Animal model of liver fibrosis

Male Sprague Dawley (SD) rats aged 6 weeks were provided by the Animal Center of the Shanghai General Hospital (Shanghai, China), and they were housed in an air-conditioned room under sterile conditions. For a rat model of liver fibrosis, SD rats were fed with 5% ethanol and were subcutaneously injected with 40% carbon tetrachloride (CCl4) (Sigma-Aldrich, MO, USA) diluted in olive oil at a 1:1 (v/v) ratio (0.5 ml/kg) three times per week for consecutive 9 weeks. Rats as control were administered with a subcutaneous injection of olive oil alone three times a week for a total of 9 weeks. After completion of the treatment, CCl4-induced liver fibrosis in SD rats was evaluated and confirmed by biomedical examinations of serum biomarkers for liver damage as well as pathological analysis of liver tissues.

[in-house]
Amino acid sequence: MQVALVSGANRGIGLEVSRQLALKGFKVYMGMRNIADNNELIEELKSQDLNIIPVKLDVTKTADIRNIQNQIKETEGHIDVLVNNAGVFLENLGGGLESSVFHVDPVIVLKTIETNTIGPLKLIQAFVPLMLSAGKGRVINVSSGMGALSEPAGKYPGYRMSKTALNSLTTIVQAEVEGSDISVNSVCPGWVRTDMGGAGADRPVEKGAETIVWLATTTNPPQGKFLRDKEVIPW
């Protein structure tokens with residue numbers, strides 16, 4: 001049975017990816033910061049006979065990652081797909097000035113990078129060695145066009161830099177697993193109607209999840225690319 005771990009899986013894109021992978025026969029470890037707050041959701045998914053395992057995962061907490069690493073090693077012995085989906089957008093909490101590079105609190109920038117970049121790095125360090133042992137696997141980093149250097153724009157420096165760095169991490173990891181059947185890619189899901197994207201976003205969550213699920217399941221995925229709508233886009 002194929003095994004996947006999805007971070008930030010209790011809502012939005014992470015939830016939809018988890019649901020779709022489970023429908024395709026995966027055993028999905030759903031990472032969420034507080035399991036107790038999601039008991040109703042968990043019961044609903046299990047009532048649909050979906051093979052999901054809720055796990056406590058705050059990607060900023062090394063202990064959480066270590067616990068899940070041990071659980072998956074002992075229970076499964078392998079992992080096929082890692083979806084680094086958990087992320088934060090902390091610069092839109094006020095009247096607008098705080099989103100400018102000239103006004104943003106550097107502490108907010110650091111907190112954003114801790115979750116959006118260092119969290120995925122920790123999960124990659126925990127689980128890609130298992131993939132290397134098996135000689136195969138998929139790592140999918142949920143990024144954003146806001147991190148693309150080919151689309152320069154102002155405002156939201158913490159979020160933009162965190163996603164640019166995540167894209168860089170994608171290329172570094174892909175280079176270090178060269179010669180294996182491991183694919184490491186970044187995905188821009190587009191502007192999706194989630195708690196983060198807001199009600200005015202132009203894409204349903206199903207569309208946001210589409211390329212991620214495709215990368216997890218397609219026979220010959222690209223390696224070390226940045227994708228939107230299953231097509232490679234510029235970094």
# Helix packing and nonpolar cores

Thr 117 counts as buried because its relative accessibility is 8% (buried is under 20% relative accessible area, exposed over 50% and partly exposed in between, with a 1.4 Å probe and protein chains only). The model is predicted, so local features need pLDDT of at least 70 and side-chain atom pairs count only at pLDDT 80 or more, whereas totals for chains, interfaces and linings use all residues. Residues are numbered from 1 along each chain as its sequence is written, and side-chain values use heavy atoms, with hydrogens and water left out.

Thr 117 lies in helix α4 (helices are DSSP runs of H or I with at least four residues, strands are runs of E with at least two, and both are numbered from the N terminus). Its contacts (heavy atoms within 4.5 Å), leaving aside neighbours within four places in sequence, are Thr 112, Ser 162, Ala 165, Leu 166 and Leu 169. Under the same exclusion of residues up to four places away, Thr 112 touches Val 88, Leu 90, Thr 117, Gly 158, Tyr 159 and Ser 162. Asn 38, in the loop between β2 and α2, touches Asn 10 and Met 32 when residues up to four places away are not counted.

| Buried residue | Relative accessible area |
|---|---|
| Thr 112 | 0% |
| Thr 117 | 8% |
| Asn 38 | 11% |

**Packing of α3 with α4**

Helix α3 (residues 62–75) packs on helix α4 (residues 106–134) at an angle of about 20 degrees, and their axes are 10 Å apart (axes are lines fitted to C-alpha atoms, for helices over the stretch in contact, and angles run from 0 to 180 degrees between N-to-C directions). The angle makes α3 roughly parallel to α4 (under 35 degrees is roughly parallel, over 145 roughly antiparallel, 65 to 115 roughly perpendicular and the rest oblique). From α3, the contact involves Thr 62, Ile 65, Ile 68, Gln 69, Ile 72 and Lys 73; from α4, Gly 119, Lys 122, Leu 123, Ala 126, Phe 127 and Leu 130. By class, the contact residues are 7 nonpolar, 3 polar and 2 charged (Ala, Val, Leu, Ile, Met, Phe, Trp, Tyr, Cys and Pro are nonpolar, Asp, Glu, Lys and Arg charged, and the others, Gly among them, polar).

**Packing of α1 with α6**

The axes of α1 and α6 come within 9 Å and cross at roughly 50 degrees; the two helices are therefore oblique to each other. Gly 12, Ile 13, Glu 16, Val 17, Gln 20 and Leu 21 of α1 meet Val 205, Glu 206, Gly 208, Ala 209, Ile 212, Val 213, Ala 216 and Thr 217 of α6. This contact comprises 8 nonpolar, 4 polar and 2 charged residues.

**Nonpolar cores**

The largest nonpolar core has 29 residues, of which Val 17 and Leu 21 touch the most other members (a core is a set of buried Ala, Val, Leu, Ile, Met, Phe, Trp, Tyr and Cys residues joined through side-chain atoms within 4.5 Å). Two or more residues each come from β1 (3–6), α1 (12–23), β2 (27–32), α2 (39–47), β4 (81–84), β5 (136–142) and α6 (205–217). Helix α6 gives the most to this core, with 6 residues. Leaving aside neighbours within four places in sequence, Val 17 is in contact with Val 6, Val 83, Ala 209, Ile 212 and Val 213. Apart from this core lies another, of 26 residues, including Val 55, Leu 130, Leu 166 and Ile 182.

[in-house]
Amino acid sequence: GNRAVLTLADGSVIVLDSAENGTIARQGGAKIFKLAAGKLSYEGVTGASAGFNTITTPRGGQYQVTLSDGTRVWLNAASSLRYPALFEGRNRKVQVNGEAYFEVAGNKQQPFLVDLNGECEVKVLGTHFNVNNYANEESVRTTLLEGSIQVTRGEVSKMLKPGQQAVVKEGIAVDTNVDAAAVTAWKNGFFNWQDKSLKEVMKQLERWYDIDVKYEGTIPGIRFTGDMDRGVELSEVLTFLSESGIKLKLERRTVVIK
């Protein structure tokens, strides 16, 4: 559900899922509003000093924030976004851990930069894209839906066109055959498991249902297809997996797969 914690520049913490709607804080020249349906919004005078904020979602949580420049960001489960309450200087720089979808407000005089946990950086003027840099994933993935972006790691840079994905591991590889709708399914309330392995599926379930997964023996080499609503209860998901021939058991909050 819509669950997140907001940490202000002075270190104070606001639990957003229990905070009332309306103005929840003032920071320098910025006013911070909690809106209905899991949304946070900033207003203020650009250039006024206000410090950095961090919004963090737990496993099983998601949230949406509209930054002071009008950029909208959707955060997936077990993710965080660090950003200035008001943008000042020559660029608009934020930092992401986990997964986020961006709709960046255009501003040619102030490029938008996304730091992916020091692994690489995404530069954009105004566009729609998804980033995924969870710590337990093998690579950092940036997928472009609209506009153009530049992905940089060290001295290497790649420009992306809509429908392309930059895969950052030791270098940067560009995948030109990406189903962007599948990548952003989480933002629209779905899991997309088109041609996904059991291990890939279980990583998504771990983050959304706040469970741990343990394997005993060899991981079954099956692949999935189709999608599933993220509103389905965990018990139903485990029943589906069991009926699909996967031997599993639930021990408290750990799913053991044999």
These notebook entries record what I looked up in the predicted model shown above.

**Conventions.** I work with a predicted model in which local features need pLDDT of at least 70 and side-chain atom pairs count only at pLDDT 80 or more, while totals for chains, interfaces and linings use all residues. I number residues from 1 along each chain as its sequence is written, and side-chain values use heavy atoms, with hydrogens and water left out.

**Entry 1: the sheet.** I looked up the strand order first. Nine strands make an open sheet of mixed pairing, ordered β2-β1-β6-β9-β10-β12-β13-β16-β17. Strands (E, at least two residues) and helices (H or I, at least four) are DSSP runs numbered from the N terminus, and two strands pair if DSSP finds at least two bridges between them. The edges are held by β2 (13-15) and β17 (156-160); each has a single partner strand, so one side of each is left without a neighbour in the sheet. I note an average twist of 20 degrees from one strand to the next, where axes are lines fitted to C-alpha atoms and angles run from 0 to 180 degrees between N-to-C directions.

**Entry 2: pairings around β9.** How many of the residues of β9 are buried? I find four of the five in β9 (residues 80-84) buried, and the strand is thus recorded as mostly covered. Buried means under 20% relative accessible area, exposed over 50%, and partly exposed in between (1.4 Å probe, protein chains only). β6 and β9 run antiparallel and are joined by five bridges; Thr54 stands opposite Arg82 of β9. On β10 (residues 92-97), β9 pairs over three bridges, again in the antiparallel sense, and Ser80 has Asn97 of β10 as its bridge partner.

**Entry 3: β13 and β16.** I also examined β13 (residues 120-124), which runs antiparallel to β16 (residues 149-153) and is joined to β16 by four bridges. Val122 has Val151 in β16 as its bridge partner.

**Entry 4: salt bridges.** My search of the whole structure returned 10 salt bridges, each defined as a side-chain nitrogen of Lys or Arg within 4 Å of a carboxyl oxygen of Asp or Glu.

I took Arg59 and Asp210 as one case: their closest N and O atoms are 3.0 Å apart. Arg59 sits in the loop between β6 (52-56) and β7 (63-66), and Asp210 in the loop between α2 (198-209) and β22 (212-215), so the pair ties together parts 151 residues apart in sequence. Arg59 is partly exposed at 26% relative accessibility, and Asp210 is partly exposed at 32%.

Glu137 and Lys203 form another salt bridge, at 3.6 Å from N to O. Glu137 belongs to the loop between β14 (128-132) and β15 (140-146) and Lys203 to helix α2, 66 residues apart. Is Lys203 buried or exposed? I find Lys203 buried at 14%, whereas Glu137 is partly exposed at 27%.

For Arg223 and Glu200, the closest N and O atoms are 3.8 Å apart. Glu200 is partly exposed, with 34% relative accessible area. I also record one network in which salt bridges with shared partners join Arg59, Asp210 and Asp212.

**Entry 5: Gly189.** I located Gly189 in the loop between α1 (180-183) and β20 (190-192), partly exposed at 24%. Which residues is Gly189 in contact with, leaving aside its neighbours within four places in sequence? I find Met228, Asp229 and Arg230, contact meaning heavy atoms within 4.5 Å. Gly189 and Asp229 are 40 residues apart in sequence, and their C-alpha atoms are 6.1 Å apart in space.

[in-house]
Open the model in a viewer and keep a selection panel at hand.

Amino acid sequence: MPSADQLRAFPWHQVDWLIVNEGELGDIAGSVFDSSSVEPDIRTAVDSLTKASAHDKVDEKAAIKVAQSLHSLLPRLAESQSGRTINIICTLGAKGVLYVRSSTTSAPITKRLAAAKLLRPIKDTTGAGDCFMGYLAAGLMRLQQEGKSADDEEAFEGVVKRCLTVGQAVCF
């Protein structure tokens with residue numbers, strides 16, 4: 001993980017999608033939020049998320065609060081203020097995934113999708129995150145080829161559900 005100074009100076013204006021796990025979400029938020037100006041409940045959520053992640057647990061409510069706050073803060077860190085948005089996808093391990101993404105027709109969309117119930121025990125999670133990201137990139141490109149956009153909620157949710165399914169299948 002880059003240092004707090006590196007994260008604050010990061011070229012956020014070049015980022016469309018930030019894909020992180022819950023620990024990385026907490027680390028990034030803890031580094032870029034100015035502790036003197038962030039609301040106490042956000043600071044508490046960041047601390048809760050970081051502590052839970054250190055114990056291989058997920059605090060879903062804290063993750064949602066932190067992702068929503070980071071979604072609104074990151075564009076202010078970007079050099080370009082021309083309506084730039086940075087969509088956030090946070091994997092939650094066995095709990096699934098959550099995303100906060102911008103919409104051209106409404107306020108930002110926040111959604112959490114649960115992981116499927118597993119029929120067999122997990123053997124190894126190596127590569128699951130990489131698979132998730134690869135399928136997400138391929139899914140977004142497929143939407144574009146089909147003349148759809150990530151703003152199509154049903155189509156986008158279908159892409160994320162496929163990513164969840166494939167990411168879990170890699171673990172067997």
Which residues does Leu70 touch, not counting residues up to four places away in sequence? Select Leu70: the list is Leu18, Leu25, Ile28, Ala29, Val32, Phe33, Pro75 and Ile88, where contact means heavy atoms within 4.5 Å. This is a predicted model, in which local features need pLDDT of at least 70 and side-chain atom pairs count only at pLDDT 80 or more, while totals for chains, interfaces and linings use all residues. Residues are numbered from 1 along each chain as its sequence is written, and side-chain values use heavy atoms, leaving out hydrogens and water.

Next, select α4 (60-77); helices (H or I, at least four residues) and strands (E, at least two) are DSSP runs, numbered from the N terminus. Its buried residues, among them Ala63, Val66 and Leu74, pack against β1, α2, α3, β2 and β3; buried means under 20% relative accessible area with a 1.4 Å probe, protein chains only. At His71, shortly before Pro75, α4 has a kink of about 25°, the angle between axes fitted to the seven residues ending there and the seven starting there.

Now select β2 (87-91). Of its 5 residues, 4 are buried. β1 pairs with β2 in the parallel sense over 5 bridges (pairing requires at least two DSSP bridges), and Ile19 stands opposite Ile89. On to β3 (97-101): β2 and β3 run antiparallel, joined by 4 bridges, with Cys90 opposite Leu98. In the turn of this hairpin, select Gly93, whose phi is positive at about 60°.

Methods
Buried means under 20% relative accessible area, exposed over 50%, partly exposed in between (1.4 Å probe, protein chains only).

All the study protocols involving animal experiments were reviewed and approved by the Ethics Committee of the Shanghai General Hospital (Shanghai, China).

The transplantation BMSC-HGF in rats

As the limited efficiency of BMSCs alone in the injured liver and unstable effect of exogenous HGF on fibrotic liver demonstrated by previous researches [10, 11], we did not include separate BMSCs and HGF group in this study. Twelve normal rats received BMSCs-HGF transplantation were used as a control group. Thirty-six liver fibrosis rats were randomly assigned into the three groups: (1) CCl4 group (n = 12), rats received BMSCs-HGF transplantation, (2) BMSCs-HGF + ultrasound (US) group (n = 12) in which rats received BMSCs-HGF transplantation and US therapy, and (3) BMSCs-HGF/UTMD group (n = 12) in which rats were treated with BMSCs-HGF transplantation and UTMD. The US and UTMD procedures were performed as described previously [10]. The position of the liver was determined using a diagnostic ultrasound system Sequoia 512 (SIEMENS, Germany). The body surface marker was made when the second hepatic hilum was displayed, then the center of the ultrasonic therapeutic apparatus (Physioson Elektromedizin AG, Germany) probe was placed. Specifically, the probe area is 5 cm2, the irradiation parameter is 1:5 duty ratio, the ultrasound intensity is 1.5 W/cm2, and the irradiation time is 10 min.